Another such obstacle is determining whose responsibility it is to perform due diligence on the investment. Is the onus on the startup, which perhaps has never been part of a financial transaction? Or is it up to the crowdfunder, who might be in the same boat?
Shopify’s Mr. Finkelstein paused to think about the question before deciding the responsibility should remain in the hands of the investor.
“It’s the investor’s money,” he says. “If you’re going to be the investor, the onus is on you.”
Regardless of where the responsibility lies, there will be many investors who lose money. But that’s one of the reasons why CATA has been pushing for an increase in Canadian financial literacy, Mr. Reid says.
“You have to make people understand that they could lose all of their investment, but that’s a true statement anywhere you invest,” he says. “I think you have to give the consumer every opportunity and freedom to invest in the marketplace on things that are important to them.”
With no national securities commission capable of making sweeping changes, it falls to each province and territory to update legislation.
In 2013, Mr. Reid says he believes Canada will likely see at least one province allow an equity-based exemption for crowdfunding, with an online platform to support it. New Brunswick is on the cusp of breaking ground on the issue, but it could be Ontario that leads the charge.
SIDEBAR: CROWDFUNDING IN THE U.K.:
“We found that people love to be an armchair dragon, they love the fact that they can sit at the kitchen table and sift through different businesses and put money in them … I have no doubt this is going to go on to be a large contributor to the economy. We need to encourage it, we need to embrace it, and we really need to give it the chance to flourish.” - Darren Westlake, CEO of the British equity-based crowdfunding platform Crowdcube, speaking at Technicity 2012.
BY THE NUMBERS:
- £4.2 million funded since 2010
- 31 different companies funded
- Almost 25,000 members
- Average investment: £1,800
- Largest single investment: £100,000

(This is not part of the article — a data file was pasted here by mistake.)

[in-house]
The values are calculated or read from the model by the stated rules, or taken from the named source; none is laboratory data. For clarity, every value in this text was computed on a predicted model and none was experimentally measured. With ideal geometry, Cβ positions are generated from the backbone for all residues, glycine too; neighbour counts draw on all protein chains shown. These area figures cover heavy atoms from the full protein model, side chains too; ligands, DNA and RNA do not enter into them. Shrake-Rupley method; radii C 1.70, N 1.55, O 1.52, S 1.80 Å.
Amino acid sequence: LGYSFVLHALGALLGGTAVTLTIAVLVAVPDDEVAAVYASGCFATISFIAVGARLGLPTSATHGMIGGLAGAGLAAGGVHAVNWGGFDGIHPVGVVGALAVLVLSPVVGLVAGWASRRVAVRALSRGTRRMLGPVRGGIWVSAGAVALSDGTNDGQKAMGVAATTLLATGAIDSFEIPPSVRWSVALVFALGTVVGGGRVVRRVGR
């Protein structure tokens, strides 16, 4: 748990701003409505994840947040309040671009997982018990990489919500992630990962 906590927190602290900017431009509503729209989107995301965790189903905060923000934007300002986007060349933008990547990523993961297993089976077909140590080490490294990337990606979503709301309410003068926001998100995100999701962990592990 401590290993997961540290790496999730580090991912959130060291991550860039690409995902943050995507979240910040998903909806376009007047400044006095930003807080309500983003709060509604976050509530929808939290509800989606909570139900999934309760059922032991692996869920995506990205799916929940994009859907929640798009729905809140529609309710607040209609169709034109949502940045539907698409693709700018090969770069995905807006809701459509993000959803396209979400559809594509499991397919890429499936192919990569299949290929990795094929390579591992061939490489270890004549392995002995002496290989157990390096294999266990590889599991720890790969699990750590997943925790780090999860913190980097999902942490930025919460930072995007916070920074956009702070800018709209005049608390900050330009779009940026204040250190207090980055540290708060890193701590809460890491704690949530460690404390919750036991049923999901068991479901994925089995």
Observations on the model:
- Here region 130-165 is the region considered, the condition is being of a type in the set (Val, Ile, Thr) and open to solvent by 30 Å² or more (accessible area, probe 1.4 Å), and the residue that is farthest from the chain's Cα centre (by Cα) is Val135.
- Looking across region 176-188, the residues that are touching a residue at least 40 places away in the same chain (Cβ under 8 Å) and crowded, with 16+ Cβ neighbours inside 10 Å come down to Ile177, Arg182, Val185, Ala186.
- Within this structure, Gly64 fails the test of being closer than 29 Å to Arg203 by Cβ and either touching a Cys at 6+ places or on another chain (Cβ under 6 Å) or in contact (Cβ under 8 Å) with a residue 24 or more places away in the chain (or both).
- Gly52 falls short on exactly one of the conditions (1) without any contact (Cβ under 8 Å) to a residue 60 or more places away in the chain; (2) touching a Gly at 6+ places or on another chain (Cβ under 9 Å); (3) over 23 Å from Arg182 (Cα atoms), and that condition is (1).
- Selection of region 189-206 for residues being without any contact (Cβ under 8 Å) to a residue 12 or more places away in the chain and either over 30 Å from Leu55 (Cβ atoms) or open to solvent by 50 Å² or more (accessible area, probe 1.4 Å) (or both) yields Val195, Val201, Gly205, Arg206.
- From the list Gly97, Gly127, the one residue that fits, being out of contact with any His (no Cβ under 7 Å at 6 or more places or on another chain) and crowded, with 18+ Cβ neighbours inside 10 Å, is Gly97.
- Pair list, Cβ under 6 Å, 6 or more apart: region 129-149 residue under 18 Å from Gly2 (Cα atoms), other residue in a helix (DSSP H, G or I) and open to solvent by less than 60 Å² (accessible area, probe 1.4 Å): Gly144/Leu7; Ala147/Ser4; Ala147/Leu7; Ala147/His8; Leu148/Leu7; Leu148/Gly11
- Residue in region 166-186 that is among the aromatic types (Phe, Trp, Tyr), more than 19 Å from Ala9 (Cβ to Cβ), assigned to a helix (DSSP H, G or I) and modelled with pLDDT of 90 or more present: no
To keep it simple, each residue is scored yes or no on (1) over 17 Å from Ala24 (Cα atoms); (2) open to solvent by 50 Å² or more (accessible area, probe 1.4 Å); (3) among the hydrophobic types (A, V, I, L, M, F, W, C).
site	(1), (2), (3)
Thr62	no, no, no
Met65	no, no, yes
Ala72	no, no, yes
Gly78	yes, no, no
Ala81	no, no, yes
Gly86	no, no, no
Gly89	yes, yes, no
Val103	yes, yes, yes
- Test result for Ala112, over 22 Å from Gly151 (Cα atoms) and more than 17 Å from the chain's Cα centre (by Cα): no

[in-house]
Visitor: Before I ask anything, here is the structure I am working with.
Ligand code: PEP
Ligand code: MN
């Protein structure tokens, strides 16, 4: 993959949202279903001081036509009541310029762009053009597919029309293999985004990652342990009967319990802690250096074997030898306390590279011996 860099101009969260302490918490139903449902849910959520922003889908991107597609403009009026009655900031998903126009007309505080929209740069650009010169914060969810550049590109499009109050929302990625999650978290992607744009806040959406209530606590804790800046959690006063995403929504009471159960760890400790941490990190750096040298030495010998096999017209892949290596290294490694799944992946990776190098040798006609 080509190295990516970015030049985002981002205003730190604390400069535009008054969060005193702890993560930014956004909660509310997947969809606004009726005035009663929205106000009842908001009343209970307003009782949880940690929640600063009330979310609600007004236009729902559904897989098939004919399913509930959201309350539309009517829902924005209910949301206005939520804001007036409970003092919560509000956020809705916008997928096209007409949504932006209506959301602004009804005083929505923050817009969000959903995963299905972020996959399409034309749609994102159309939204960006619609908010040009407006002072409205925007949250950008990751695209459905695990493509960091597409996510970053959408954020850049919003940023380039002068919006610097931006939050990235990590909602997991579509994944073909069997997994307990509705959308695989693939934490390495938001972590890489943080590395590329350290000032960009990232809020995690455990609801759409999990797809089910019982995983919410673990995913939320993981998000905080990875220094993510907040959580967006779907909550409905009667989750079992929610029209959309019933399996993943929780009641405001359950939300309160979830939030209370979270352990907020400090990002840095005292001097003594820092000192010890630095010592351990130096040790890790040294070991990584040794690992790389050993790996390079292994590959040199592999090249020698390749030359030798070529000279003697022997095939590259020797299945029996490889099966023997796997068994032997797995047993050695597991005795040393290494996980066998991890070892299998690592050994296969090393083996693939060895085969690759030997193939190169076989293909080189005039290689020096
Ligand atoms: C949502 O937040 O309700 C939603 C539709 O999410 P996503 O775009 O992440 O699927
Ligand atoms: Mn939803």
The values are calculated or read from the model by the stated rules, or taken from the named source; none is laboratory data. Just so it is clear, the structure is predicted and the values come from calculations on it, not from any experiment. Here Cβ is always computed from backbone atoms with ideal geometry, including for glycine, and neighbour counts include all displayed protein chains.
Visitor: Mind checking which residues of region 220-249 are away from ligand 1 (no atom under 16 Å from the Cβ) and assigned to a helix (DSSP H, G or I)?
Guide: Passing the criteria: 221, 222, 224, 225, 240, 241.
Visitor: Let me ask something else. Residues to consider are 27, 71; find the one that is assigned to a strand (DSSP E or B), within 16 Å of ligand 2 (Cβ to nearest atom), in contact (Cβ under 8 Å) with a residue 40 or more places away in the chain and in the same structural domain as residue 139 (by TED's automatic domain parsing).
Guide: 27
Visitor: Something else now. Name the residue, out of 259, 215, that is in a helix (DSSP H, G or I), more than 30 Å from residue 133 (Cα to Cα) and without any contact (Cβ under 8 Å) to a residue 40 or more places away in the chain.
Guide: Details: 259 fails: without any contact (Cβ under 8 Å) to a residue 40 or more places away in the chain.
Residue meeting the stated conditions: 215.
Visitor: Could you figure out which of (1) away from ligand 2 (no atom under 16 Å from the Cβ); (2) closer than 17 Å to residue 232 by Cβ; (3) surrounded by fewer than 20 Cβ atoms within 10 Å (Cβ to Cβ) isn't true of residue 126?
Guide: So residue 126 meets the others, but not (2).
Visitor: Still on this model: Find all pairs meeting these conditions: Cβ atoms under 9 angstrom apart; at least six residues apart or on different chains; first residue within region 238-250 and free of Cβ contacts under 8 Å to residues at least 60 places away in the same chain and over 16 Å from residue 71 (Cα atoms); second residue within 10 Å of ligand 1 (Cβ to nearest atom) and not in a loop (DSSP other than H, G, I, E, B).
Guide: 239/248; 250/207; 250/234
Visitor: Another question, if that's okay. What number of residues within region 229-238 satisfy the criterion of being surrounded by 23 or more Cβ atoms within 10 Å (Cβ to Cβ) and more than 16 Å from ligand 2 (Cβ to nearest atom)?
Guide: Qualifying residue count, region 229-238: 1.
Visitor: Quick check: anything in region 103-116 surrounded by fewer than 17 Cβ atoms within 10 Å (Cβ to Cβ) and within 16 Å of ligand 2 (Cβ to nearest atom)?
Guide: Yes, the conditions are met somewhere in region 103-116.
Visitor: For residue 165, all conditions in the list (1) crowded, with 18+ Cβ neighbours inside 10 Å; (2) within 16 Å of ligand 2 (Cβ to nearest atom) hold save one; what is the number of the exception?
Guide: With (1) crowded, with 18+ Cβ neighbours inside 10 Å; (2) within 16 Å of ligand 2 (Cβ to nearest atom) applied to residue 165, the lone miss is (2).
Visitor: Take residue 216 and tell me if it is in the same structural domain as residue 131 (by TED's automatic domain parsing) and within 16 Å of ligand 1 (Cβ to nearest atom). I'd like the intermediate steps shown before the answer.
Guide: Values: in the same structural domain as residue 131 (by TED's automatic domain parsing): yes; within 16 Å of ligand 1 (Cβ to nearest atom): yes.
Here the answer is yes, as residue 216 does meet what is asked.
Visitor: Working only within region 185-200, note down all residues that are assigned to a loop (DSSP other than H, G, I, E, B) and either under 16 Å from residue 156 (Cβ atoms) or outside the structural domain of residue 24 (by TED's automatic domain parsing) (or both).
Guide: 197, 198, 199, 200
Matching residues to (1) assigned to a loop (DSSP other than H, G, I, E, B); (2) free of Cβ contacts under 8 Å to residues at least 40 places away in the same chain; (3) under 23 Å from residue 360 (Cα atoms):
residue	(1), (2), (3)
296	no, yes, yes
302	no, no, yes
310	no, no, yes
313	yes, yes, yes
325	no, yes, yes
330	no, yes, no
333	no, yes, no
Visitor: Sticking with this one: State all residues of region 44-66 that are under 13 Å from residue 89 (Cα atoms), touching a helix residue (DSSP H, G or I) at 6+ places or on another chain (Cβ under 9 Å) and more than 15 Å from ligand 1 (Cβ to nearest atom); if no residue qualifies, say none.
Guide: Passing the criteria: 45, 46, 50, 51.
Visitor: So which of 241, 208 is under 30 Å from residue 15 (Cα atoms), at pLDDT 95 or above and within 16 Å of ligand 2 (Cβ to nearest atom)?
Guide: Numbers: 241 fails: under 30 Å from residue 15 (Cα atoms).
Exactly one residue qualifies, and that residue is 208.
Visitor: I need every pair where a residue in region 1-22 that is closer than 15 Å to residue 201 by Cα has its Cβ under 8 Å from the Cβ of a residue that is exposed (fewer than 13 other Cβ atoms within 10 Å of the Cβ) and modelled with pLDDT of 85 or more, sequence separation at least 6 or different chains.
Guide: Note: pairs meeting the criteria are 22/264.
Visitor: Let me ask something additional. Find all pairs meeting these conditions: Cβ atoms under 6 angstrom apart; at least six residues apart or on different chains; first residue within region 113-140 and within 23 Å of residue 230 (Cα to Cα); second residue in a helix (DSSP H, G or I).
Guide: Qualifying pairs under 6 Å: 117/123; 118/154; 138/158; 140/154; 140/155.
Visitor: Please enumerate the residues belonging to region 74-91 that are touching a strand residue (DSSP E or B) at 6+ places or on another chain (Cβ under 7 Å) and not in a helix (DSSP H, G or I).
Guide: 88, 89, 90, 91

- Largest overall deal: £1 million
CROWDFUNDING IN THE U.S.:
In the spring of 2012, U.S. President Barack Obama passed the Jumpstart Our Business Startups, or JOBS, Act which allows the public to purchase company equity online.
Individuals can invest up to five per cent of their annual income if it totals less than $100,000, and 10 per cent for those who make more than $100,000.
A maximum of $1 million can be raised by an issuer per year (or up to $2 million if audited financial statements are provided).
Issuers must use the services of an intermediary that is either a broker registered with the Securities and Exchange Commission or a funding portal registered with the SEC.
Issuers must ensure that the investor understands they are risking the loss of the entire investment, as well as providing educational material on the company.
Companies do not have to disclose financial statements until they have 1,000 shareholders.
TIPS FROM TEKNISION:
President Gabor Vida tells OBJ how to run a successful crowdfunding campaign:
- Crowdfunding platform Indiegogo has more flexible options for Canadians than Kickstarter and accepts Canadian addresses and bank accounts.
- It’s much easier to get funding for hardware than software because it’s easier for funders to conceptualize.
- The amount of funding you ask for is the amount funders will assume you need to build the entire product. This can make monetizing difficult later on if the funding did not cover all costs.
- The power of video can’t be underestimated.
- Provide lots of communication and updates to your funders.
- Fulfilling your promises or “perks” is very important.
- Crowdfunding can be a great marketing and branding vehicle – often more important than the money itself.
- Don’t hesitate to get an idea out there. Otherwise, someone else will do it first.
PROVINCE PUSHING CROWDFUNDING REFORM
Speaking at a Toronto crowdfunding conference in November, Brad Duguid, then the provincial minister of economic development and innovation, said his government wants to help legalize equity-based crowdfunding.
Former premier Dalton McGuinty has requested the Ontario Securities Commission consider an exemption for crowdfunding in the provincial securities act, Mr. Duguid said.
“This is an incredibly important initiative that Ontario needs to take the lead on,” he said.
The OSC will engage in a consultation about the possibility of an exemption early this year.